Duct tape

Everyone’s favorite short-term fix-it. Use duct tape from your car emergency kit to secure up a dragging bumper, a cracked window or temporarily seal a leaky hose.

Small tarp

Store a waterproof drop cloth and a compact umbrella with your tire changing kit. They’ll provide a dry surface to work on or rain cover when you really need it.

Jack and lug wrench

You'll need these to change a flat tire. They should already be part of your tire changing kit, but verify they’re working right — if you haven’t seen them for a while — especially before a road trip.

Spare fuses

Won’t you be relieved to have an extra fuse if you blow a fuse that runs windshield wipers or lights? Your owner’s manual can help you locate your car’s fuse boxes and tell you what fuses to use where.

Car window breaking tool with knife

Keep it on your key chain, or store it in your glove box — use this tool to break a window if your car becomes submerged. Some flashlights even have them. Ask for them at any auto parts store. The good ones will also contain a protected knife that can help you cut a seat belt in emergencies.

Tire pressure gauge

A quick check lets you know if your tires are inflated to the right level or let you know if you need to fill them up. Check out our car maintenance tips for more info on how to quickly and correctly check your tire pressure.

Basic tools

Philips head and flathead screwdrivers, wrench, pliers and socket wrench are must haves in a car emergency kit. A multi-tool device is also handy if space is limited.

Basic fluids

You never want to find yourself out of important car fluids when needed. The ones you should consider having on hand are:

  • Brake fluid
  • Engine coolant
  • Power steering fluid
  • Motor oil

Keeping these in your car prevents you from having to find a store or running to a mechanic.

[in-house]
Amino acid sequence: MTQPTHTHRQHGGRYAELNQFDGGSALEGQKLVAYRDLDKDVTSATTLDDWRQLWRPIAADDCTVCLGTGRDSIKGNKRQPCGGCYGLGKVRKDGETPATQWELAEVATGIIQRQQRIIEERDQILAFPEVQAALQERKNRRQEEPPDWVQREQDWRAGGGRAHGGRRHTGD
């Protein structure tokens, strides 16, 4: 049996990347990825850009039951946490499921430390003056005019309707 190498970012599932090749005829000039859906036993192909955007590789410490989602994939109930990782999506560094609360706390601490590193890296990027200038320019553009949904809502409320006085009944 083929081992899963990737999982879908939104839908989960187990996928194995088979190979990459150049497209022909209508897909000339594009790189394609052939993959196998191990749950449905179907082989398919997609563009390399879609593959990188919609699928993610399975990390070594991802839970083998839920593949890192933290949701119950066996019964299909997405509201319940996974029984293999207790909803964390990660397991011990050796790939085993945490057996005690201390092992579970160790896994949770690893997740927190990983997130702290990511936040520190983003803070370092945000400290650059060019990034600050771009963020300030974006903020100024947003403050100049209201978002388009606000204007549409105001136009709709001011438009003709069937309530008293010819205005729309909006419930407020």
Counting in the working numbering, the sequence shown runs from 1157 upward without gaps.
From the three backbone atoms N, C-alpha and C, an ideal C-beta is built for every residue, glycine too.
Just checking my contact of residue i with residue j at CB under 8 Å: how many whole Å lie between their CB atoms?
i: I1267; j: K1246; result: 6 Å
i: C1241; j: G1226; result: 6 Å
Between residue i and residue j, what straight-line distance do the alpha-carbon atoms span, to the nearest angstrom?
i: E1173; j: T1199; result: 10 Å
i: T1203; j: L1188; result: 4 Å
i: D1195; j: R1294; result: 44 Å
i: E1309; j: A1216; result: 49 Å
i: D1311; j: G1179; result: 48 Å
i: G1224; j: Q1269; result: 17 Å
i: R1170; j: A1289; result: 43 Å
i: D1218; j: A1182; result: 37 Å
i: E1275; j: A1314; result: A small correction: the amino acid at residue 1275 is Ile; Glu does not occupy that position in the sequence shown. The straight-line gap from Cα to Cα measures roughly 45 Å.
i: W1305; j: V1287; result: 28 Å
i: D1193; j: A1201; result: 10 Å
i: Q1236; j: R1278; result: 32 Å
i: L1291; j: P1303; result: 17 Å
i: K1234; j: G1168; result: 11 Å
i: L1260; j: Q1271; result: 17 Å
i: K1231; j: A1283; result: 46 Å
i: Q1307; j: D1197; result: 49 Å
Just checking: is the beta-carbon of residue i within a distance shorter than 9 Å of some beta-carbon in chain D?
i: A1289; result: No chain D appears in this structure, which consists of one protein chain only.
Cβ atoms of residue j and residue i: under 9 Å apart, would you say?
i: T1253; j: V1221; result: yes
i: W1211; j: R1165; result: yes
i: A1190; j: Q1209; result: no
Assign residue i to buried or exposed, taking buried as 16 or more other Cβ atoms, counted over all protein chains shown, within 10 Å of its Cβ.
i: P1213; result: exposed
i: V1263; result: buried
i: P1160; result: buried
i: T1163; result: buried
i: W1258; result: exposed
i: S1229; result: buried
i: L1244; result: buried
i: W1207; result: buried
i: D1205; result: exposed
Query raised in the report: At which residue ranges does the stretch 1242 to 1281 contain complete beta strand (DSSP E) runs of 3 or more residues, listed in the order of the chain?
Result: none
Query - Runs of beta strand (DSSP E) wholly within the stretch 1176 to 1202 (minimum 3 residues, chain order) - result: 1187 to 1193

Tow rope

A tow rope — or tow strap — can be used to secure your vehicle to another. If your car needs to be towed and contacting a tow truck isn’t an option, this tool can save a lot of time and money.

Fire extinguisher

Car fires can be very dangerous, so always make sure your vehicle has a fire extinguisher. Make sure your extinguisher is classified as both class B and C. This means it can effectively put out the most common types of car fires that are caused by gas or another flammable liquids — and electrical fires too.

Non-perishable food items

Keeping a supply of non-perishable foods in your emergency kit be a lifesaver if you’re stranded on the road. Consider keeping food and drink like these in your kit:

  • Bottled water
  • Pop-top canned meat or fruit
  • Protein bars
  • Dehydrated fruits or jerky

Emergency Car Kit Safety and Preparation

Once you’ve assembled all the basic items needed for your emergency car kit, make sure you inform your family. Let them know where they can find everything and the safety kit’s physical location. Be sure they’re familiar with the tools in the kit, like the flares and fire extinguishers. That way you and your entire family will know what to do when the unexpected happens — while out on the road.

Protect Your Car With American Family Insurance

Your American Family Insurance agent (Opens in a new tab) is always there to help protect you when you’re on the road or at home. Ask them about our Travel Peace of Mind Package including Emergency Roadside Assistance so you can travel with confidence wherever the road takes you.

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    Checking social media

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    Eating behind the wheel